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This is why I get frustrated when people attribute unexpected behavior to 'irrationality.'
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Randomly saw this. The article is definitely correct. It doesn't help that the invocation of "people are irrational" is ad hoc. Most people will provide reasons for human behavior in certain contexts, and orderly behavior is noticed(rational in a plain economic sense or no). "People are irrational", if true, would apply to all situations though. Additional absurdity would arise as the person claiming "People are irrational" would also have to be doing it irrationally, which, means that their claim could be regarded as self-defeating, UNLESS they make modifications or are willing to accept modifications to make the notion more tractable, or unless they are ad hoc and say "Every human behavior except the recognition of human irrationality is irrational".
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from madmenyourself
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I've long thought physical presence and real-time interaction were essential to actually learning something from schooling. I think the predicted doom of higher ed critically relies on finding a good substitute for this face time. Is it possible that social media, especially G+ with its circles, could provide that substitute? I'd love to hear academics and educators (or even someone from Google, +Josh Woodward) on this question.(+William Easterly and +Arnold Kling also seem interested in online education and the role of social media these days)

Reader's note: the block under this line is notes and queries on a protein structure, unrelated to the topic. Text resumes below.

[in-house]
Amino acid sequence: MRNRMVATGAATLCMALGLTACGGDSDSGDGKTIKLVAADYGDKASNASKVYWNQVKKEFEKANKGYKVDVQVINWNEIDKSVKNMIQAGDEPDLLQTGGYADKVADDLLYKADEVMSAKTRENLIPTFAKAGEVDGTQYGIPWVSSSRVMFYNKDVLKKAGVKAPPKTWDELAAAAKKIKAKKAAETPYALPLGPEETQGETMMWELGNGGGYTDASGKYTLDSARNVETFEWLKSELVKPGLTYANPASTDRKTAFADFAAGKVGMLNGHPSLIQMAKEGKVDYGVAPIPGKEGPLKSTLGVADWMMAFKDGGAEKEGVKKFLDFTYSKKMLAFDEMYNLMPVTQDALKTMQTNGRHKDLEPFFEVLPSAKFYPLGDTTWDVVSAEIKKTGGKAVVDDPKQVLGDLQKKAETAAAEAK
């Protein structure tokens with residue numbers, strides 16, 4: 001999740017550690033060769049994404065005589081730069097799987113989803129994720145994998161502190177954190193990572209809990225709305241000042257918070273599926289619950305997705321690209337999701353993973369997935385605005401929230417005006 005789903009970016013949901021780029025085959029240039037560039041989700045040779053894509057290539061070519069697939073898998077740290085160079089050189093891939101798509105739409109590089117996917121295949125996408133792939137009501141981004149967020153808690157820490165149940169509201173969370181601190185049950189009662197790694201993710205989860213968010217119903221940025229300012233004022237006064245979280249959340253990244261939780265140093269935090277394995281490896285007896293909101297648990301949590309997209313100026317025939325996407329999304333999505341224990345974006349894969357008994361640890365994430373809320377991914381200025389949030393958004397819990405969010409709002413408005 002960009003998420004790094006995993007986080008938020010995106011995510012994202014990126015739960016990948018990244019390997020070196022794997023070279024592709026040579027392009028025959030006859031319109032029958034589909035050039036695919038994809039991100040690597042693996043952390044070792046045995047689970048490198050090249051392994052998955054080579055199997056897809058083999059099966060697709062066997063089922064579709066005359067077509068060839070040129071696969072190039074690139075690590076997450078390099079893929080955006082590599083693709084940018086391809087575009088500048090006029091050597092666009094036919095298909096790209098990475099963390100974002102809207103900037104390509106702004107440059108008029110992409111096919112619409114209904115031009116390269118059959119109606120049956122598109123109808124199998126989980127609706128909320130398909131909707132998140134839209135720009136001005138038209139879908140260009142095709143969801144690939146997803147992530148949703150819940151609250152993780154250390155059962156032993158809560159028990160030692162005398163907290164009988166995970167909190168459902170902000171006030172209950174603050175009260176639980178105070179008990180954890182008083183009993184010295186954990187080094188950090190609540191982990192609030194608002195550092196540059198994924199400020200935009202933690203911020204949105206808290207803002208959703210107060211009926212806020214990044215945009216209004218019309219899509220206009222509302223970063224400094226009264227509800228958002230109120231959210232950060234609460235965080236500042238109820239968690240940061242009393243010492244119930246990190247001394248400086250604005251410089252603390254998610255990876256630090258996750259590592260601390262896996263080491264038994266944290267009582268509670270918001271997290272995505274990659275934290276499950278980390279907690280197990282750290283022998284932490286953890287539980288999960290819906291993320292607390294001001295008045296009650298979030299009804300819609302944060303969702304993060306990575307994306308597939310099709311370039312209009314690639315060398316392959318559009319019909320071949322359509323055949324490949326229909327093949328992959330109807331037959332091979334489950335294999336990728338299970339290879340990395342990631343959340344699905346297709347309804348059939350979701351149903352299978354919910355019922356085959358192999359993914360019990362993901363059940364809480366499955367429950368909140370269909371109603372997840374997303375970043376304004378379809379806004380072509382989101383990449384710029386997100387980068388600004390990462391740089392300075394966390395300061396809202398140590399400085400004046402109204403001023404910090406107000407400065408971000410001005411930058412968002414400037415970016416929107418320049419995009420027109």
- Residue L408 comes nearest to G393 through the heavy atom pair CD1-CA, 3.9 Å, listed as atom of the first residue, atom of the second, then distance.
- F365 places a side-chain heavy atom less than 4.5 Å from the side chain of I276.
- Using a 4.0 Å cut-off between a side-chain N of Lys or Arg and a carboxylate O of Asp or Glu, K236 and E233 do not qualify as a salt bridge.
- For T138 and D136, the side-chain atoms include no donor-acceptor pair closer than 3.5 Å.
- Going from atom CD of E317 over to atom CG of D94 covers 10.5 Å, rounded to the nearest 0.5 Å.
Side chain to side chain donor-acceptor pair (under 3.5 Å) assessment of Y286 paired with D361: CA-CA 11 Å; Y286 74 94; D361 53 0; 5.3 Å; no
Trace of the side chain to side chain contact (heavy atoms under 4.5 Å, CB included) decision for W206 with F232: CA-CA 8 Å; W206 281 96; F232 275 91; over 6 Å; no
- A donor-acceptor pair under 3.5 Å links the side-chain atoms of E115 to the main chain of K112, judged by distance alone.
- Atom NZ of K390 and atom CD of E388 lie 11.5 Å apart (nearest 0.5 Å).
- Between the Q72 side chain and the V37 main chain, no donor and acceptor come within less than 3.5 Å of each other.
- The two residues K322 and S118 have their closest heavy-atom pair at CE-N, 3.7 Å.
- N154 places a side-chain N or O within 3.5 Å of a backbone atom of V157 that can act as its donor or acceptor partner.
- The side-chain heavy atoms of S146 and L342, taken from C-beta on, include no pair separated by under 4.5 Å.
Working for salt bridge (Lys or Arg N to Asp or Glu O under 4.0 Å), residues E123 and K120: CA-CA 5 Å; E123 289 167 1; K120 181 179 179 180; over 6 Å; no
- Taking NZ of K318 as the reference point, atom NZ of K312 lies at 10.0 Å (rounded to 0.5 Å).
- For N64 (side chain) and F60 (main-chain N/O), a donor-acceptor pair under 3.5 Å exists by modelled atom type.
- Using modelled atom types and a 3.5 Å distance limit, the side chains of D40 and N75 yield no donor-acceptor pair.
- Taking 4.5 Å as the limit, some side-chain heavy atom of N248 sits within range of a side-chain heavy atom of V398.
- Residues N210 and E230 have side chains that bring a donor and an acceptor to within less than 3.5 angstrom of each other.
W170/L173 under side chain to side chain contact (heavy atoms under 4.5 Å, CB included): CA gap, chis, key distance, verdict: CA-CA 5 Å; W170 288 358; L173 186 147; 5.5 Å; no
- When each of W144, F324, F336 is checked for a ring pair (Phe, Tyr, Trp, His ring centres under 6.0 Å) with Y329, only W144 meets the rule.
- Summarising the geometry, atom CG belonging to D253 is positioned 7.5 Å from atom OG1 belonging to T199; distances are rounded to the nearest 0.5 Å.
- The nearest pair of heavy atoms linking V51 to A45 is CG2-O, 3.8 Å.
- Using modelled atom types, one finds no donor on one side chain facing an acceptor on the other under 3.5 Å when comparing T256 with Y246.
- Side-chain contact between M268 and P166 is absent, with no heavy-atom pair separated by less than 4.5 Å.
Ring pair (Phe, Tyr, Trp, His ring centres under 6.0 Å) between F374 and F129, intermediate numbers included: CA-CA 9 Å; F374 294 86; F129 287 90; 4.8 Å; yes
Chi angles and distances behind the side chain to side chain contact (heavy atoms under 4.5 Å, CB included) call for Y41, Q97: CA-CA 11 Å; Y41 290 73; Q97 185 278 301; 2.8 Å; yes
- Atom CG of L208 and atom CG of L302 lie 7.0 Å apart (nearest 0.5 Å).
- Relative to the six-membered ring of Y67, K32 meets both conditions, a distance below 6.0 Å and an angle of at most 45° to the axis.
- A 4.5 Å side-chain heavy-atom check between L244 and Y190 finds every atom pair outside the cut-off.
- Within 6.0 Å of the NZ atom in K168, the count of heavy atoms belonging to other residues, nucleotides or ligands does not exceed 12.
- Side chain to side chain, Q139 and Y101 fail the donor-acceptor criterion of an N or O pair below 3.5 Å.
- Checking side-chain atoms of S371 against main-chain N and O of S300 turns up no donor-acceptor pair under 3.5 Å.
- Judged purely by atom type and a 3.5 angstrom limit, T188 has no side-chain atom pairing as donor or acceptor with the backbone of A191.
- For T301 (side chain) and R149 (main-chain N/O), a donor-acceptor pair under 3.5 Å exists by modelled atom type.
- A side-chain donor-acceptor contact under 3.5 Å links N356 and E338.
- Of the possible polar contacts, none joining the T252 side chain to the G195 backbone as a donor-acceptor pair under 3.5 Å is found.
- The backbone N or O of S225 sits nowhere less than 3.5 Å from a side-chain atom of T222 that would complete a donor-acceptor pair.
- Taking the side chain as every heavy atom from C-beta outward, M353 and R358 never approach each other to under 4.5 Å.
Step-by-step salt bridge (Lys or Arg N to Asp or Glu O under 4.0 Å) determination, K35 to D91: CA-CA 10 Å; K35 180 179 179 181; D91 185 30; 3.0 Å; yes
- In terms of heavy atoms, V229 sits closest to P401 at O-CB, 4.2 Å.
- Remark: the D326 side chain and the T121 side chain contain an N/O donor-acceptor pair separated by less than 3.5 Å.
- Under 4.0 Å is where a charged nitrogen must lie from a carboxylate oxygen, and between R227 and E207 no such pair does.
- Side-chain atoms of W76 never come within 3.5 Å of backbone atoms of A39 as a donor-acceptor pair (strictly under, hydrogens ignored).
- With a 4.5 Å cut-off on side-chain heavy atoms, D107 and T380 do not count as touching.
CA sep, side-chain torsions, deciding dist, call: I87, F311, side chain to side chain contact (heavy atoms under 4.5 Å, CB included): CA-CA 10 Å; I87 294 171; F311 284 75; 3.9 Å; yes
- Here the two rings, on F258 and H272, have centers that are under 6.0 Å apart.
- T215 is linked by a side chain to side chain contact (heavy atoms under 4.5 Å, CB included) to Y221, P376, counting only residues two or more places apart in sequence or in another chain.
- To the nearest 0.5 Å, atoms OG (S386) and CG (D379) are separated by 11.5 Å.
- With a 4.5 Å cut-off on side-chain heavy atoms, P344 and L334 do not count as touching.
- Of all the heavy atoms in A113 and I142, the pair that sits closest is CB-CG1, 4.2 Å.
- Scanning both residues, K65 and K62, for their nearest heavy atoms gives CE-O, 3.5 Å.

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Well, I can see REMOVING letters, but I can't see adding them. Adding them hurts the reputation benefits of signaling. You want high quality to be undoubted when you say it exists, and so this means taking every opportunity to trumpet this.
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It does seem a bit like this sometimes.
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Have them in circles
118 people
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Work
Occupation
Assistant Professor of Economics
Employment
  • College of Charleston
    Assistant Professor, 2013 - present
  • University of Oklahoma
    Adjunct Lecturer, 2012 - 2013
  • Humboldt State University
    Lecturer, 2011 - 2012
Story
Tagline
Assistant Professor of Economics - College of Charleston
Introduction
I am an Assistant Professor of Economics at the College of Charleston. I received my Ph.D. in Economics from the University of Oklahoma in the summer of 2011.

My fields of research interest are growth and development, applied Bayesian econometrics, and empirical macroeconomics. Courses I have taught include Money and Banking, International Economics and Globalization, US Economic History, and Advanced Econometrics (graduate level).

Further information--such as my CV, teaching portfolio, and samples of research--is available at my College of Charleston site.
Education
  • University of Oklahoma
    Economics (PhD), 2006 - 2011